Monday, January 07, 2013
Cult-TV Theme Watch: Yeti and Snowmen
It’s an all-too brisk thirty-five degrees here in Charlotte, North Carolina as I write this post…a perfect temperature and time of the year for a cult-tv theme watch about snowmen and Yeti.
A Yeti, in particular is a legendary ape-like creature of substantial height, believed by some to exist in the Himalayas.
So Yetis -- or “abominable snowmen” as they are sometimes known -- are essentially snow-bound versions of Big Foot (or Sasquatch).
Yeti and abominable snowmen have made quite an impact on cult television history. Perhaps the most famous example comes from the era of the second Doctor (Patrick Troughton) on Doctor Who (1963 – 1989).
At this juncture in the series long-history, the producers were searching for new villains to match the popularity of Terry Nation’s Daleks. They came up with furry yeti robots controlled by a malevolent entity known as “The Great Intelligence.” The yeti appeared in the serials titled “The Abominable Snowman” (1967), “The Web of Fear” (1968) and later in The Five Doctors (1983).
In 2012, the Great Intelligence returned to Doctor Who and commanded a different brand of deadly snow man.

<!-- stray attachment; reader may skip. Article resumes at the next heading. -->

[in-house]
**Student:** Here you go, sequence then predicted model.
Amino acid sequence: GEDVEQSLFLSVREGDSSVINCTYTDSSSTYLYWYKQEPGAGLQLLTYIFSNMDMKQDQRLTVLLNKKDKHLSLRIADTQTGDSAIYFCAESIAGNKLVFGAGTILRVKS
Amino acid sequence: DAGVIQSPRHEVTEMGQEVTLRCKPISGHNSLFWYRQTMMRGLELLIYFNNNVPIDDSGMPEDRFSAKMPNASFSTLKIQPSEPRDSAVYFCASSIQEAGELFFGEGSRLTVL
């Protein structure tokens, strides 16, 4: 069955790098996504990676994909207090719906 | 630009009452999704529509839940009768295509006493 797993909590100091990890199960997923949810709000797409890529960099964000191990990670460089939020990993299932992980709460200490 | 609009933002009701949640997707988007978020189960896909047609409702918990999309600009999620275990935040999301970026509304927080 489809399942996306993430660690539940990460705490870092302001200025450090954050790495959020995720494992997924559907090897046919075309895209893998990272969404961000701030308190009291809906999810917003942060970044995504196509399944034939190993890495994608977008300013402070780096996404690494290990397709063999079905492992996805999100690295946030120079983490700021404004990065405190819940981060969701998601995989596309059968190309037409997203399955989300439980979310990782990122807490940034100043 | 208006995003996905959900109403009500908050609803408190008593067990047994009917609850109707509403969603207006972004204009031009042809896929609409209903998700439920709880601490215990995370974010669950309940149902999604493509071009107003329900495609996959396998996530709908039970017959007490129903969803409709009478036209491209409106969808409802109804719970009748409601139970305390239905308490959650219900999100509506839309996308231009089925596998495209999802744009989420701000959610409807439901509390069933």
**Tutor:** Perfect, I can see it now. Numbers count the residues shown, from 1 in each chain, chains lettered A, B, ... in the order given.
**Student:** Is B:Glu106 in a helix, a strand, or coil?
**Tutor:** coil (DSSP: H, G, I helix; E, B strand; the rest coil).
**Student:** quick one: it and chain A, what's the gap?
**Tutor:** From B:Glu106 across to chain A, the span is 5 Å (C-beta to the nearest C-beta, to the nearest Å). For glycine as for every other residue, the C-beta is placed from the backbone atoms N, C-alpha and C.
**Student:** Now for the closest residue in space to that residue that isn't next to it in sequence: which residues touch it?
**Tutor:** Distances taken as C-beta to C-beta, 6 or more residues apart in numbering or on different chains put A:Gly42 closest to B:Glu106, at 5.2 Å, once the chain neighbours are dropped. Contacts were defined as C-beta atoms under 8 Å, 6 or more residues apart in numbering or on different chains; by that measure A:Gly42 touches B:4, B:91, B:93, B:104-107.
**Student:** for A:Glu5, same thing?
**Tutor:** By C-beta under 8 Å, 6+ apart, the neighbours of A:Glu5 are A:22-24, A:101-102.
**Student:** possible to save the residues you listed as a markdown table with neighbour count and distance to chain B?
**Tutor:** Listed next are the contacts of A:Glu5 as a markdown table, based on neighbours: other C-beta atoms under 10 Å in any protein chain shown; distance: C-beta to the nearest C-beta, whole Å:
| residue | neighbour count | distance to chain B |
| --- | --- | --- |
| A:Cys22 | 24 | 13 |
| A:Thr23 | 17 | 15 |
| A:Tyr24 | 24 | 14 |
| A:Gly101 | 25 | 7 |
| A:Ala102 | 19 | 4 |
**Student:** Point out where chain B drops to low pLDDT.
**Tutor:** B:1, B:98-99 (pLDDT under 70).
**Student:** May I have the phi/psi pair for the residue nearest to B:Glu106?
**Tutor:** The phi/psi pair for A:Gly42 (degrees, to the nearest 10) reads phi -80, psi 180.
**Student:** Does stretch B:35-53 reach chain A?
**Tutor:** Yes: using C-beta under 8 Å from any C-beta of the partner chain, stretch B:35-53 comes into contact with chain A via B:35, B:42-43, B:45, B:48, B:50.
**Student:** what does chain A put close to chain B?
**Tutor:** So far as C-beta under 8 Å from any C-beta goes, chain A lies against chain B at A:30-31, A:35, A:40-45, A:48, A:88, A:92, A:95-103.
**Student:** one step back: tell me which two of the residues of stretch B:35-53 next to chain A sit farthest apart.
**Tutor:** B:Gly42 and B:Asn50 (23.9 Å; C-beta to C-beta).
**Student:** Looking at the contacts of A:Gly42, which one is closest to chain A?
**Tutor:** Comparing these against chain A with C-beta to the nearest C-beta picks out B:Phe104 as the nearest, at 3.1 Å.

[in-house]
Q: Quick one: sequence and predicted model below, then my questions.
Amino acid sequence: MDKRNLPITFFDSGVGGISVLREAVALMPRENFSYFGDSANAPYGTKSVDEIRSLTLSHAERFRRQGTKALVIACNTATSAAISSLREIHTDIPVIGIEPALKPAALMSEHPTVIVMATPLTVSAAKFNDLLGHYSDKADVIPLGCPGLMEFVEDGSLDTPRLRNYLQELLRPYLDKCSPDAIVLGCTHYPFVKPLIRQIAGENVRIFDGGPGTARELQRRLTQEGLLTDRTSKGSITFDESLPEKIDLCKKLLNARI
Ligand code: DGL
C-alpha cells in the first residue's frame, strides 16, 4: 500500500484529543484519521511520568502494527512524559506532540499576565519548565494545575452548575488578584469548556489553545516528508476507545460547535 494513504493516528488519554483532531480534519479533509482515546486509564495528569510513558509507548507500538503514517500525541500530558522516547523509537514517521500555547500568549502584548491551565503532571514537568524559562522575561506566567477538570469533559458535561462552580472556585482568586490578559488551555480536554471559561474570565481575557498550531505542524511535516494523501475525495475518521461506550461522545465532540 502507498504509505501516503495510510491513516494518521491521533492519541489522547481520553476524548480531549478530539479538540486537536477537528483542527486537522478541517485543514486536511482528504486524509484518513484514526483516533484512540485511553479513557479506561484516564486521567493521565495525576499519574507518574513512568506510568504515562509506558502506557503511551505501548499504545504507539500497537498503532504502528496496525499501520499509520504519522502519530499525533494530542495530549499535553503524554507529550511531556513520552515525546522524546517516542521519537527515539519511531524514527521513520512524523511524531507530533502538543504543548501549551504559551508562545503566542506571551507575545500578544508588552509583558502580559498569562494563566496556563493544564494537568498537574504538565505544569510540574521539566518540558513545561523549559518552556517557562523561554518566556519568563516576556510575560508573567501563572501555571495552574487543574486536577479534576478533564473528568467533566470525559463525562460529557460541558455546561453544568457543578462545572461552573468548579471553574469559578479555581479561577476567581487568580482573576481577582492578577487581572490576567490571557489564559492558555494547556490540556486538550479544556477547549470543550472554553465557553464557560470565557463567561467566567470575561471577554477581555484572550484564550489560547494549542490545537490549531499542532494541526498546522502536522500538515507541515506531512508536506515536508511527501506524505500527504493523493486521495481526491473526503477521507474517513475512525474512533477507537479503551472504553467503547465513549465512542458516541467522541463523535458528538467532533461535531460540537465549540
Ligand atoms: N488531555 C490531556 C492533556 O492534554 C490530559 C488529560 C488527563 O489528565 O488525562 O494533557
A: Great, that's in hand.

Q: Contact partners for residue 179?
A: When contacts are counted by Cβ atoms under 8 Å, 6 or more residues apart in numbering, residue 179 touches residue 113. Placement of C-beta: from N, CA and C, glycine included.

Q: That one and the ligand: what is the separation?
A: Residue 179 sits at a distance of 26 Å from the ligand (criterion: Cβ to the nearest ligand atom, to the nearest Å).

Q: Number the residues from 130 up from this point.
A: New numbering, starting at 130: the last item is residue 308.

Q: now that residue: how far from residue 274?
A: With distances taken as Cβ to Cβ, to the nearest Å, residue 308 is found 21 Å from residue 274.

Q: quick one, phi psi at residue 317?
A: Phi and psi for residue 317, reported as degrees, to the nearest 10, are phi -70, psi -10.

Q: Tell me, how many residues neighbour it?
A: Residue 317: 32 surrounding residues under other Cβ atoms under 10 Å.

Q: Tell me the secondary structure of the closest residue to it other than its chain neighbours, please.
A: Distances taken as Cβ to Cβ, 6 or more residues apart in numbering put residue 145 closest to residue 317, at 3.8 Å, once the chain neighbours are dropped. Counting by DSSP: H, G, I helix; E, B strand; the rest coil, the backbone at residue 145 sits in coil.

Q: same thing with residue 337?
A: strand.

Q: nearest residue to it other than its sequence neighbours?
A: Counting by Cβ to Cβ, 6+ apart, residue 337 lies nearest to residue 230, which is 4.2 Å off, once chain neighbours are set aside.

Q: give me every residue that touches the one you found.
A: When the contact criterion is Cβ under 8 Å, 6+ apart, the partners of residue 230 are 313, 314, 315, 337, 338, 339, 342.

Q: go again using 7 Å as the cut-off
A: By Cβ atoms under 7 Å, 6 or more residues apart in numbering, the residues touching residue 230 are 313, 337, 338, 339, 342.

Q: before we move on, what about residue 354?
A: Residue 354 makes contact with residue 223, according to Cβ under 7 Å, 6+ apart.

The Sid and Marty Krofft live-action Saturday morning series Land of the Lost also featured the Abominable Snowman in two third season installments. In “The Abominable Snowman,” a unicorn wandered into the Altrusian valley, and a Snowman, considering it prey, followed.
In a follow-up episode “Ancient Guardian,” the yeti returned one more time. In both instances, the Yeti was depicted in a very unconvincing, puffy fur costume.
The Yeti (or Yeti-like creatures) have also been seen as villains on animated series such as Johnny Quest, Ben 10 and Scooby Doo, but on the current The Regular Show, a yeti named Skips is one of the good guys.
An attacking abominable snowman was also the main antagonist in the 1977 TV movie Snowbeast starring Bo Svenson, Yvette Mimieux and Clint Walker. In this tale, a murderous big-foot type creature wandered into the vicinity of the Rill Ski Lodge, and began killing skiers.
This amusing horror made-for-TV film is brimming with menacing first person subjective shots and at each commercial break, the film fades to blood red for macabre effect. Every now and then, a furry arm or gnarled paw breaks into the frame to enliven the proceedings and there’s a great monster attack set in a barn. I especially like that this TV-movie repeatedly makes the point that most Big Foot creatures are reputedly peaceful (as does Land of the Lost’s “Abominable Snowman” installment…), yet this Yeti is entirely malevolent. It decapitates victims on a whim and stores the corpses in a barn for the long cold winter.
When good Yetis go bad...
In this week's installment of the 1970's horror anthology, The Evil Touch (1973-1974), an old woman, Constance (Mildred Natwick...